ERVIN L. PETERSON, ASSISTANT SECRETARY OF AGRICULTURE PAUL M. KOGER, ADMINISTRATOR, AGRICULTURAL CONSERVA

TION PROGRAM SERVICE FRED G. RITCHIE, DEPUTY ADMINISTRATOR, AGRICULTURAL

CONSERVATION PROGRAM SERVICE JAMES M. HUNT, DIRECTOR, PROGRAM ANALYSIS DIVISION,

AGRICULTURAL CONSERVATION PROGRAM SERVICE H. LAURENCE MANWARING, DEPUTY ADMINISTRATOR, PRODUC

TION ADJUSTMENT, COMMODITY STABILIZATION SERVICE CHARLES L. GRANT, DIRECTOR OF FINANCE AND BUDGET OFFICER, DEPARTMENT OF AGRICULTURE

[blocks in formation]

Program by activities:
Direct obligations:

1. Cost-sharing assistance to farmers.
2. Repayment of loans from Commodity Credit Cor-

poration..-

Total direct obligations..
Obligations from amounts advanced by Commodity

Credit Corporation: Cost-sharing assistance to farmers.. Reimbursable obligations: Cost-sharing assistance farmers...

[blocks in formation]

to

Total obligations
Financing:

Unobligated balance brought forward..
Advances and reimbursements from-

Commodity Credit Corporation (loan).
Other accounts..

Non-Federal sources (7 U.S. C. 1387).
Recovery of prior year obligations..
Unobligated balance carried forward..

Appropriation (new obligational authority)..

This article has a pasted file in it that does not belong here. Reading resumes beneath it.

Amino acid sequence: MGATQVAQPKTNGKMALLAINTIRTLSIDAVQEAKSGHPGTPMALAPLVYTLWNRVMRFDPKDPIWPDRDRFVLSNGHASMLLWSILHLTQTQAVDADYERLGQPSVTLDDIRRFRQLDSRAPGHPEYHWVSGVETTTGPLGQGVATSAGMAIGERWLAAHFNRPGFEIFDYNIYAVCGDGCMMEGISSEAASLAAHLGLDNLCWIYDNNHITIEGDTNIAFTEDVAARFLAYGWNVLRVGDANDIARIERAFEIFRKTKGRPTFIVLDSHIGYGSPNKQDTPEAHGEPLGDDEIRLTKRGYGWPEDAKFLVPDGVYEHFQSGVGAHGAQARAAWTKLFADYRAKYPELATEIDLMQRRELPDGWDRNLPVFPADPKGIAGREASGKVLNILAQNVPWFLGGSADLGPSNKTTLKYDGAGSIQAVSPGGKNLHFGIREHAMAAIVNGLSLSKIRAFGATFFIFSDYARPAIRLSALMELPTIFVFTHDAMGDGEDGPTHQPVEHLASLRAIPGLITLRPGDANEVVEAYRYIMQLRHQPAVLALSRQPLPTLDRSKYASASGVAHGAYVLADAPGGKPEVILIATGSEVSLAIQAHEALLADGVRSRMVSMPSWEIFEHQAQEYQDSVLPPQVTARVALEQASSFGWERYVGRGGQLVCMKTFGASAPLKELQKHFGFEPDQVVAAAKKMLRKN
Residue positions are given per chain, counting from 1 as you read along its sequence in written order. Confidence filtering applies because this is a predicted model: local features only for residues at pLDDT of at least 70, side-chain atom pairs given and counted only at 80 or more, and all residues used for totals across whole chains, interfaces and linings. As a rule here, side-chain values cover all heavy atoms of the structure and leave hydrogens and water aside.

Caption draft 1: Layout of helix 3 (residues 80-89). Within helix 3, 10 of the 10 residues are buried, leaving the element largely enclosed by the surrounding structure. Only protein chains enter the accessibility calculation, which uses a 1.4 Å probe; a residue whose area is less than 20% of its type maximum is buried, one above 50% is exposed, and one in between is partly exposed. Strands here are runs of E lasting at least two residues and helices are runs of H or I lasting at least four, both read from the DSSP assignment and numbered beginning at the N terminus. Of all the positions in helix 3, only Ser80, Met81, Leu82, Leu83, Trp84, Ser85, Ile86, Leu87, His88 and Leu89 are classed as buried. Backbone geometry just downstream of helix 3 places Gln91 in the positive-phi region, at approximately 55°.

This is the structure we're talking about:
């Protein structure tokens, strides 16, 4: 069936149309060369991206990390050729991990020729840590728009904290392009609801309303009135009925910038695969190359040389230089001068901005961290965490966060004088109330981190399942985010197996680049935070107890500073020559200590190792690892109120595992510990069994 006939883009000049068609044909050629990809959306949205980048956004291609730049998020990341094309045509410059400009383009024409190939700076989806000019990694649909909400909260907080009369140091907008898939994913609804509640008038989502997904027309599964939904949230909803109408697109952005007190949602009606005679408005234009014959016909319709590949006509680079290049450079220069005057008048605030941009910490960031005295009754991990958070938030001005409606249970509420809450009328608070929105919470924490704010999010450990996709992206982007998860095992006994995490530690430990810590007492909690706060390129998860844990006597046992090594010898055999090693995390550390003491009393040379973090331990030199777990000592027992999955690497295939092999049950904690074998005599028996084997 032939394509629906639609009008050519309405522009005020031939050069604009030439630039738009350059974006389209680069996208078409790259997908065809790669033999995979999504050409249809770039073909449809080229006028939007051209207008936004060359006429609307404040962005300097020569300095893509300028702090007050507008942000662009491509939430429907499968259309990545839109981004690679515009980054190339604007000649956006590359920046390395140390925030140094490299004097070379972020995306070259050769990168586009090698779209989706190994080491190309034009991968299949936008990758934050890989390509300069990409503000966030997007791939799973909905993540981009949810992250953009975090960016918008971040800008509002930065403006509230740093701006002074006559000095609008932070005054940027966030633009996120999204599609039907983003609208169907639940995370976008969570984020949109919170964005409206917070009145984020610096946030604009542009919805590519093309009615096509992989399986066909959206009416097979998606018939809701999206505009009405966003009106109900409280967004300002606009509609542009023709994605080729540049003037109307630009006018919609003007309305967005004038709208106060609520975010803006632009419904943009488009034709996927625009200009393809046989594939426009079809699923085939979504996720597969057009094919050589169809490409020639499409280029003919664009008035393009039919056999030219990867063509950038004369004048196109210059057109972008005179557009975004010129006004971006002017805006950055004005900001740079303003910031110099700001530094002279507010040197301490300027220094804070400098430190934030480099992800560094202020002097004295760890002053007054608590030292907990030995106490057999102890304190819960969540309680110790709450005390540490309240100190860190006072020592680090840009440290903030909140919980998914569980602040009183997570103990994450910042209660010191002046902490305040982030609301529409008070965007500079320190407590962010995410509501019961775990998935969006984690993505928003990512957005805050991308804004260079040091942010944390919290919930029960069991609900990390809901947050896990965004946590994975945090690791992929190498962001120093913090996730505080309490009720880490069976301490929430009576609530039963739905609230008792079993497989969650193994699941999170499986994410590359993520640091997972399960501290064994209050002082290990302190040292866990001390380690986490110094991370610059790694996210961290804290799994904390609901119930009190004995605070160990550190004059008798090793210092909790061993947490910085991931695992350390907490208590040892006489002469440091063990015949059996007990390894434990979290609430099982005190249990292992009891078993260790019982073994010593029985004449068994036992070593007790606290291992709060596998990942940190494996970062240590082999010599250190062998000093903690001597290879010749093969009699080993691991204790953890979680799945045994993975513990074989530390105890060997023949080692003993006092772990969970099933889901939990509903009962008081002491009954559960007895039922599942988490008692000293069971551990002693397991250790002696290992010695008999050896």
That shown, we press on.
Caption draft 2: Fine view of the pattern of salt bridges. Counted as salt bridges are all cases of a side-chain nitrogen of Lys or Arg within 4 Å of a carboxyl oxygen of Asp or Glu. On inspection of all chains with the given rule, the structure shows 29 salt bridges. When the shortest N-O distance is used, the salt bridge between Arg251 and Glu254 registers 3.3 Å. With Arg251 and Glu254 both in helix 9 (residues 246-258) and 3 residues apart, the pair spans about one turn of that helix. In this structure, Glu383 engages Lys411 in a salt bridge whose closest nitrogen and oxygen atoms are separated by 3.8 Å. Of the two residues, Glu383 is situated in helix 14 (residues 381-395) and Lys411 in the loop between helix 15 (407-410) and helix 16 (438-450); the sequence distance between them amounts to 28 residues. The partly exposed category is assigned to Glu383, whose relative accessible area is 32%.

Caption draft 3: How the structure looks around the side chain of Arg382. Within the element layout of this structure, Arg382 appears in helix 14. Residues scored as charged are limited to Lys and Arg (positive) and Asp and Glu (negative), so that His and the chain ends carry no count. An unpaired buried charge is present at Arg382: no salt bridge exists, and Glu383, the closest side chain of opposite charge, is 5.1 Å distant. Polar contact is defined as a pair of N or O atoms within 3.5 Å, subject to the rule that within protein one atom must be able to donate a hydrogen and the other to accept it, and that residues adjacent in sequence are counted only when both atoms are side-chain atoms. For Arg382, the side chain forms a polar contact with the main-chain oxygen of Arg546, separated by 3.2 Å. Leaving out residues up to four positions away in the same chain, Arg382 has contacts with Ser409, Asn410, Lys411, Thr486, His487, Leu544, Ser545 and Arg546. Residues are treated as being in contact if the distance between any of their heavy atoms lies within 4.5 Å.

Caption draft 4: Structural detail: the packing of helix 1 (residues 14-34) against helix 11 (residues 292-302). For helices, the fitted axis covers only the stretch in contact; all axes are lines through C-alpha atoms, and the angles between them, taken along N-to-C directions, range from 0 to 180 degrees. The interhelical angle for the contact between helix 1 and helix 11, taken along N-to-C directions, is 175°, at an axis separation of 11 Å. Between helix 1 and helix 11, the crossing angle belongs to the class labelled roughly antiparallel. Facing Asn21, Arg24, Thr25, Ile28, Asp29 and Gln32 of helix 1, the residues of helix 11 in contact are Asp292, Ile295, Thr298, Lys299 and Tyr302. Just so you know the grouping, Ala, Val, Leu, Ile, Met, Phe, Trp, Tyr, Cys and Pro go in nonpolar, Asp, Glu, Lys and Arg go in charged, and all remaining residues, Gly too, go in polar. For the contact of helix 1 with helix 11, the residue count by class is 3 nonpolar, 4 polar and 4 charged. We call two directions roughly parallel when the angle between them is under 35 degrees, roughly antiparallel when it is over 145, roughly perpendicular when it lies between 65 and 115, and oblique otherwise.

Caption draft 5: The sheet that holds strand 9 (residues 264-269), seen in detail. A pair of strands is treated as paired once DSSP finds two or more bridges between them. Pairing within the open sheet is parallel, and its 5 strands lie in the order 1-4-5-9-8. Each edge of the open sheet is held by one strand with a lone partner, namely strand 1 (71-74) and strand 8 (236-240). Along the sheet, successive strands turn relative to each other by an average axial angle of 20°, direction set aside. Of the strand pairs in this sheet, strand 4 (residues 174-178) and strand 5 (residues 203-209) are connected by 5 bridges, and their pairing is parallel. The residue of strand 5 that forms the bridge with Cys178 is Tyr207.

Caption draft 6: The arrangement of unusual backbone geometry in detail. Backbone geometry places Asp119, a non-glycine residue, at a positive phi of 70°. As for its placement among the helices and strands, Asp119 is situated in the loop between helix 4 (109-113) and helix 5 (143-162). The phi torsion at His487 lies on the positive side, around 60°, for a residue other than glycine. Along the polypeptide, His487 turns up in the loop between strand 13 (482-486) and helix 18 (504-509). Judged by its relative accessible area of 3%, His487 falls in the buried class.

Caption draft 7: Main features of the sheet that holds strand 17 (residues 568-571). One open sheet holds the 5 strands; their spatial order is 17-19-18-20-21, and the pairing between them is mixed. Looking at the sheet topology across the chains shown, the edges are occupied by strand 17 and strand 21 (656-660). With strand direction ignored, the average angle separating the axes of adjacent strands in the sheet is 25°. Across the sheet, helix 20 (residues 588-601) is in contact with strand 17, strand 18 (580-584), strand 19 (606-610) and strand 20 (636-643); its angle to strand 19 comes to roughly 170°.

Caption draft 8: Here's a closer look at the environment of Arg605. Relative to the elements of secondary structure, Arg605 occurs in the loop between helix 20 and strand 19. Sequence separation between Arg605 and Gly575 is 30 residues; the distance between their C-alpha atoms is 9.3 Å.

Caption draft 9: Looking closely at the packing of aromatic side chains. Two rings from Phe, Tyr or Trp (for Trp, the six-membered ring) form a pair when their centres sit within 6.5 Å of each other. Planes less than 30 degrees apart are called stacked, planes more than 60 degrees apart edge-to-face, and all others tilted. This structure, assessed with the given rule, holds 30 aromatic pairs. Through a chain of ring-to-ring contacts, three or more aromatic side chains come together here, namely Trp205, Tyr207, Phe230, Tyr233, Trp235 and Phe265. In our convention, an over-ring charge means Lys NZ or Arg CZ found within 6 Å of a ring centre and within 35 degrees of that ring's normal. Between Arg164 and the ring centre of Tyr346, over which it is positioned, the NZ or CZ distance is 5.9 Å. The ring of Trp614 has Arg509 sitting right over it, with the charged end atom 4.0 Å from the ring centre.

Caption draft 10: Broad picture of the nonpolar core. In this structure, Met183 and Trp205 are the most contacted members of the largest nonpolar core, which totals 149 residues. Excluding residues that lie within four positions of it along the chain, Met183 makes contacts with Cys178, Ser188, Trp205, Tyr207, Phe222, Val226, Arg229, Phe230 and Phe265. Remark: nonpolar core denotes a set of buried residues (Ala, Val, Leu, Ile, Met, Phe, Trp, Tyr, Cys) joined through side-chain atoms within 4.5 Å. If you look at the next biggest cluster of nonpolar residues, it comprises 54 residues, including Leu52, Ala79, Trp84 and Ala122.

457, 000 444,000 264, 535, 118 251, 459, 939

444, 000 255, 444, 000

-16, 593

-15, 939
--36, 500,000 -39,000,000

-144, 869 -115, 000
-312, 131 -329, 000
-77, 464

15, 939
227, 500,000 212,000,000

-20, 000, 000

- 115, 000 -329, 000

235, 000,000

[blocks in formation]
[blocks in formation]

AGRICULTURAL CONSERVATION PROGRAM SERVICE
Total number of permanent positions.
Average number of all employees..
Number of employees at end of year.
Å Ferage GS grade and salary..
Direct obligations:
01 Personal services:

Permanent positions..
Other personal services.

Total personal services.
12 Travel
03 Transportation of things
04 Communication services
16 Printing and reproduction.
07 Other contractual services:

Advances to "Administrative expenses, sec. 392,

Agricultural Adjustment 938" (7 U.S.C.

1392)

Services performed by other agencies 08 Supplies and materials. 09 Equipment 11 Grants, subsidies, and contributions

Cost-sharing assistance 15 Taxes and assessments.

Total direct obligations.. Reimbursable obligations: 11 Grants, subsidies, and contributions..

Total, Agricultural Conservation Program Service

341, 294
27, 246
2,421
6,693
13, 730

$425, 570

1,630 427, 200 46, 900 1. 200 6,900 8,000

$427, 765

1, 645 429, 410 43, 510 1,200 6, 900 8,000

[blocks in formation]

ALLOTMENT ACCOUNTS

[blocks in formation]

Total number of permanent positions.
Full-time equivalent of all other positions.
Average number of all employees..
Number of employees at end of year.
Average GS grade and salary..
01 Personal services:

Permanent positions..
Positions other than permanent.
Other personal services.

Total personal services.
12 Travel
& Transportation of things.
04 Communication services
6 Rents and utility services.
06 Printing and reproduction.
07 Other contractual services.

Advanced to

“Administrative expenses, sec. 392, Agricultural

Adjustment Act of 1938" (7 U. S. c. 1392).
“Local administration, sec. 388, Agricultural

Adjustment Act of 1938" (7. U. S. C. 1388).
Services performed by other agencies.
Supplies and materials.
19 Equipment..